Saturday, April 2, 2011

Ratatouille As Comfort Food

We all have our own versions of what constitutes "comfort food." A large part of each person's set of choices within this most intimate genre of foods is taste memory, dating back to childhood. For example, to me a  tortilla (white corn!) warmed over an open flame, slightly charred, lightly buttered and salted, was my favorite snack when I was a kid; today, fifty-plus years later, this utterly simple treat tastes like home to me--even though I've eschewed the butter in favor of (much healthier) coconut oil, the entire ritual of heating, slathering, and eating the tortilla is a private, deeply personal thrill.

There are other dishes that take me back to moments of comfort and joy, foods I associate with high points in my life, and many of these are also associated with key moments when I discovered an entirely new dish that flooded my palate with pleasure messages. Not all of these were quick and easy dishes; in fact, some of the most successful comfort foods for me are labors of love, taking care and time, and sometimes a lot of work--like mole poblano, for example, which is so laborious and time consuming that even in Mexico it's mostly reserved for weddings and other momentous feasts. Also, the recipe contains so many items that it's virtually impossible to make a true mole in less than massive quantities. Fortunately, it freezes well.

Ratatouille, a succulent stew of  Provençal origin, has many of the elements I enjoy in a comfort food--rich, flavorful, unctuous, enjoyable hot or cold, and--most important of all--triggering the recollection of good times. This has been reinforced several times, since I tend to serve ratatouille when I have good friends over for dinner, which is also the case with a number of other comfort foods.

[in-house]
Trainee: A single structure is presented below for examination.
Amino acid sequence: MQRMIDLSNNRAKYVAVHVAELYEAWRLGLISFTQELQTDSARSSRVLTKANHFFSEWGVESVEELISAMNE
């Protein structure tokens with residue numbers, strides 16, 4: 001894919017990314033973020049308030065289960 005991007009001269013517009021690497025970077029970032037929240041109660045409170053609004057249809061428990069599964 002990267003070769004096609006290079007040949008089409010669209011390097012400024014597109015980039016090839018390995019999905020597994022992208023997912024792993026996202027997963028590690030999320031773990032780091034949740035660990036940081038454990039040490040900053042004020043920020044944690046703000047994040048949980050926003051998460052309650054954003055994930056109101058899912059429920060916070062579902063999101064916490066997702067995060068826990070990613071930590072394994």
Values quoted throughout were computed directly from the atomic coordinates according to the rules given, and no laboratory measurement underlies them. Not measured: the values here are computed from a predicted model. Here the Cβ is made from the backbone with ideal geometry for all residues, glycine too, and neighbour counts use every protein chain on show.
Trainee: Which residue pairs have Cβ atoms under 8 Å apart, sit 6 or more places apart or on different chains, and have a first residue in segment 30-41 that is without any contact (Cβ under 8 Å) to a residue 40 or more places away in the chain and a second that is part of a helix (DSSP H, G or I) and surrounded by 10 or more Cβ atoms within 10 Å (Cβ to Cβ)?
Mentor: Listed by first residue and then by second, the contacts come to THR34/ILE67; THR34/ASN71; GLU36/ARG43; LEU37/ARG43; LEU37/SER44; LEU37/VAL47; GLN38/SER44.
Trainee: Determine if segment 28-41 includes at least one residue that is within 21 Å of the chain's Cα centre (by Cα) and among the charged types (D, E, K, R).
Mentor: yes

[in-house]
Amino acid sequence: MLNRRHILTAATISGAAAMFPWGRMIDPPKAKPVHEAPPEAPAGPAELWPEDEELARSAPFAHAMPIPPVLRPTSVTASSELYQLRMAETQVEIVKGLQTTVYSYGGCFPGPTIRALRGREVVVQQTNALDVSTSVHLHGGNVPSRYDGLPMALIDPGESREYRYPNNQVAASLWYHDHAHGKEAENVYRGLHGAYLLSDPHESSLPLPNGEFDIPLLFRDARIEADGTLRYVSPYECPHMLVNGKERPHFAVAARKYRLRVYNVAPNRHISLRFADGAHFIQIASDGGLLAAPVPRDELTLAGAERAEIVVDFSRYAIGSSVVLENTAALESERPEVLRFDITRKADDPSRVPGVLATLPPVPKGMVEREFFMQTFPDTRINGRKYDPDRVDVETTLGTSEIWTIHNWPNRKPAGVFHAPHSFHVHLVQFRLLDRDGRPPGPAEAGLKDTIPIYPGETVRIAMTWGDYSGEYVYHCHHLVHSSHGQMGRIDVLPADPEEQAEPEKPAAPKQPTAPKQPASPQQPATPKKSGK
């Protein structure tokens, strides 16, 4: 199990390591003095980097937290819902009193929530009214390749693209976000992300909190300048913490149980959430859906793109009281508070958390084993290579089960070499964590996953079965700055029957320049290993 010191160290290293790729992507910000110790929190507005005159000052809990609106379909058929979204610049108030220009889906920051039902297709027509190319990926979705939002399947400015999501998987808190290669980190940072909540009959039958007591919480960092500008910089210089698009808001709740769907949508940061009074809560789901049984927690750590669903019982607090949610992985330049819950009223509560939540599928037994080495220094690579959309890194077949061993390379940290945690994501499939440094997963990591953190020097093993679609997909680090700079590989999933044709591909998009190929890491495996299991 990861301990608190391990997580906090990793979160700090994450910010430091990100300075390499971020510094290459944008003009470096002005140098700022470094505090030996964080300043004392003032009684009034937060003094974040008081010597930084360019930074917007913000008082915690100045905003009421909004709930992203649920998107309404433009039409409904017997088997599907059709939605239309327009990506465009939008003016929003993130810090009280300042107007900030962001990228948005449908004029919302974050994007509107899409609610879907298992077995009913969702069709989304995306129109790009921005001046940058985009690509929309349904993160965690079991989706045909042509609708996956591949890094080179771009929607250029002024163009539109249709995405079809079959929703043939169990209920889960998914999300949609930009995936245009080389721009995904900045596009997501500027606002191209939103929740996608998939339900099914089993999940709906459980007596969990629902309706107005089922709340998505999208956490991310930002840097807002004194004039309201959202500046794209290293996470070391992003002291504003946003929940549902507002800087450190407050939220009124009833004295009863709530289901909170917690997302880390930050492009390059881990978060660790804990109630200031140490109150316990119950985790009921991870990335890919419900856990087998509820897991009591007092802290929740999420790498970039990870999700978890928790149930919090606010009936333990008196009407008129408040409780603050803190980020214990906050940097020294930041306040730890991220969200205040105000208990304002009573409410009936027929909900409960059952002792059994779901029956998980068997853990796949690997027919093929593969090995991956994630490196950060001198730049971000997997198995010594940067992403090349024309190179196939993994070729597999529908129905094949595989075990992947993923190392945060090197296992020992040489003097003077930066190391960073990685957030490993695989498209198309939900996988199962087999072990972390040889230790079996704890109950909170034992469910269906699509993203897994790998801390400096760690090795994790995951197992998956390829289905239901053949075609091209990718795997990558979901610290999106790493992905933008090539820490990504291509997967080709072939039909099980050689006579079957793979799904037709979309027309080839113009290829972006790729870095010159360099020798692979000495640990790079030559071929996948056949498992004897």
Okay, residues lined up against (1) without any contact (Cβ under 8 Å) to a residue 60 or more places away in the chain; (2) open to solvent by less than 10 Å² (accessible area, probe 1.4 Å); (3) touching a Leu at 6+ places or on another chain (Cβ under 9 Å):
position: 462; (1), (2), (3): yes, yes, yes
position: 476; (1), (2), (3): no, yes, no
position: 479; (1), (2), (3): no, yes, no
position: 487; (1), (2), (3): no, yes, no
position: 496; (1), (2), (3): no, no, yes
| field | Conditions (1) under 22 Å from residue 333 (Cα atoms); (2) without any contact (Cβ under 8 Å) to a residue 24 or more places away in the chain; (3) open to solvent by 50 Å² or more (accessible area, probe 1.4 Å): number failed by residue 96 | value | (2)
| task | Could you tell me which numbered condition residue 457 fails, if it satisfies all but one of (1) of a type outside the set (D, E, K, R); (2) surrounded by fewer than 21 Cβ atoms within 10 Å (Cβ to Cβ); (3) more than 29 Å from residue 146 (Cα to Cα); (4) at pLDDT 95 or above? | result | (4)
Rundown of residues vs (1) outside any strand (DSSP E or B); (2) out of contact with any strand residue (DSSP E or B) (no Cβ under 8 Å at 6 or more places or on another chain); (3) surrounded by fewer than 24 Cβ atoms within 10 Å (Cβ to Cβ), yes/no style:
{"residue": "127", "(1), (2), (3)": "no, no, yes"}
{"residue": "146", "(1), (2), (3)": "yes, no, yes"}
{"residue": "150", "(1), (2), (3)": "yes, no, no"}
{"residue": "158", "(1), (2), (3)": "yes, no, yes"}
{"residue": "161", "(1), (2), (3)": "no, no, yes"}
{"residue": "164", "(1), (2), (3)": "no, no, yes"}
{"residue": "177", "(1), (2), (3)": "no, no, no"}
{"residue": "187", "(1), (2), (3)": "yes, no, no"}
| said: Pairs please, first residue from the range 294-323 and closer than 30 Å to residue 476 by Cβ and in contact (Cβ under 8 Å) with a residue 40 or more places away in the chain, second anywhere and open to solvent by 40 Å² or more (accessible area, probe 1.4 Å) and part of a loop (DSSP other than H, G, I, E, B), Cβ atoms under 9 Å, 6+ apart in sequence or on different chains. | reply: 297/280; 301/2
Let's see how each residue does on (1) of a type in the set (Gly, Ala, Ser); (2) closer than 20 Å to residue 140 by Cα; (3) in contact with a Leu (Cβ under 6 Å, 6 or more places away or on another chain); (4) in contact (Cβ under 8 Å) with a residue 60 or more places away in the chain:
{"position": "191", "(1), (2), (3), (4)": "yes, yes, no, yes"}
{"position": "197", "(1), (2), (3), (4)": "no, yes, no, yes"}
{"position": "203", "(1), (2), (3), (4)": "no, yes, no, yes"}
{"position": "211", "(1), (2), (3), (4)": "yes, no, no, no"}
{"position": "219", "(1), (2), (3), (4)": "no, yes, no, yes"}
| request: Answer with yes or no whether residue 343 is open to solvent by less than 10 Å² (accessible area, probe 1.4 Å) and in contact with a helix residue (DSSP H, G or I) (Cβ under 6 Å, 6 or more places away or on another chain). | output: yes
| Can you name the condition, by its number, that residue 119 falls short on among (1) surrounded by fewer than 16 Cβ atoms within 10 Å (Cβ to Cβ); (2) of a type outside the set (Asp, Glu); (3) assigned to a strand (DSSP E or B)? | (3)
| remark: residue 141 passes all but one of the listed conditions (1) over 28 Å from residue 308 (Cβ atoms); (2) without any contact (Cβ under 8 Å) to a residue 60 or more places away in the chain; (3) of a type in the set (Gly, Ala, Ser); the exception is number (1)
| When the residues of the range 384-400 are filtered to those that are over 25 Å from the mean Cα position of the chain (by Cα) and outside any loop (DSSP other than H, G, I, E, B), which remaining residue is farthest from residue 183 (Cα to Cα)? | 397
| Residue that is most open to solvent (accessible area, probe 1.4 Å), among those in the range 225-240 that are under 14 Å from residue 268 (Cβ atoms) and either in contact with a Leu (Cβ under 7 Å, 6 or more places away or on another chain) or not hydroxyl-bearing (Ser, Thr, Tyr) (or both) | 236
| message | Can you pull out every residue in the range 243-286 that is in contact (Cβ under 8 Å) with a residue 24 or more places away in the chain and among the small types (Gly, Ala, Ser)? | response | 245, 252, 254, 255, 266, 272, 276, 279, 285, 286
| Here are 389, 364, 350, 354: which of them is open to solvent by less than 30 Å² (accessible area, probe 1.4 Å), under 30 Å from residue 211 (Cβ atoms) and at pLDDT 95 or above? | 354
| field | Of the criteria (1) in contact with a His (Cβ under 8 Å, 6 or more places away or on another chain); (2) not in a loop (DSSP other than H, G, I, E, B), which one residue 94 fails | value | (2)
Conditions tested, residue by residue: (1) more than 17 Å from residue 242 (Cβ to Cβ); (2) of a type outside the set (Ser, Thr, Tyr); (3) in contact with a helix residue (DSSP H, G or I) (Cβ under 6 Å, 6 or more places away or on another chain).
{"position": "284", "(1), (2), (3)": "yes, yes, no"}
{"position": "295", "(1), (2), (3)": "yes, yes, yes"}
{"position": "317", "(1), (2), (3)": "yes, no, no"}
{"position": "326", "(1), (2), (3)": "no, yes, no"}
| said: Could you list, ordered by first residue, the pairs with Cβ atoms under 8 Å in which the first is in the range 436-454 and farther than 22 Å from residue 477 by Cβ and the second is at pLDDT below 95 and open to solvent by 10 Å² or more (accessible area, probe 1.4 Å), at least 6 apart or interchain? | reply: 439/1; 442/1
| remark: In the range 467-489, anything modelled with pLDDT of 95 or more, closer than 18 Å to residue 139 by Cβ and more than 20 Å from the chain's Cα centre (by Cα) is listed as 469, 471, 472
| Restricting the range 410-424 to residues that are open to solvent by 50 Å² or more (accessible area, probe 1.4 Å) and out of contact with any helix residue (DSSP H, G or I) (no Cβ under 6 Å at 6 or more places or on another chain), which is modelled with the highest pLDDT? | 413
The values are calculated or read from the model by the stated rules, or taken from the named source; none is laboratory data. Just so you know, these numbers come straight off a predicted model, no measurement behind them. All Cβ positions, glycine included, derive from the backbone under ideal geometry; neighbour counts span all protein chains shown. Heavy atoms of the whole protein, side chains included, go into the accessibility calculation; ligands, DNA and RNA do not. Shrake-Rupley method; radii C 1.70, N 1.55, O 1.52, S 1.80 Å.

On that fateful night when I invited the woman who would later become my wife over for dinner for the first time, I made (among several other things) a dish I named "Rataziti," or ratatouille with ziti. The name required some explanation, which I dispatched with a quick review of the two main components, along with a further note that I had originally considered "Zitirat," but it evoked unsavory images. Now that I've gone in the direction of healthier food choices, I like my comfort ratatouille by itself, or with a whole grain like quinoa (quelle horreur!).

The secret to a good ratatouille is twofold: 1) sauté each vegetable separately before combining them in a clay pot and roasting in a moderate oven (versus on the stove), and 2) use fresh thyme, not dried. Okay, technically that's threefold, but there you have it. I also use thin eggplant and zucchini, of roughly the same diameter, searing the cut ends first to form a durable crust that will survive the long, slow cooking required for the flavors to meld and develop. This is awesome comfort food.

That's the right way. But even short-cutting the rules slightly , it's possible to make a mighty fine version of ratatouille (the fresh thyme is definitely not negotiable, however, so don't even ask). To make the rat in picture, I used large eggplant (because I live in a small town in Colorado, where this is the only kind they know about), and I cut the zucchini into smaller pieces (which was a mistake, by the way). Other than that, I stuck to the tried and true method, and the result, though imperfect, was still pure, take-me-back-home, stellar comfort food. I think I'll put it (the right one) in the next book.


No comments:

Post a Comment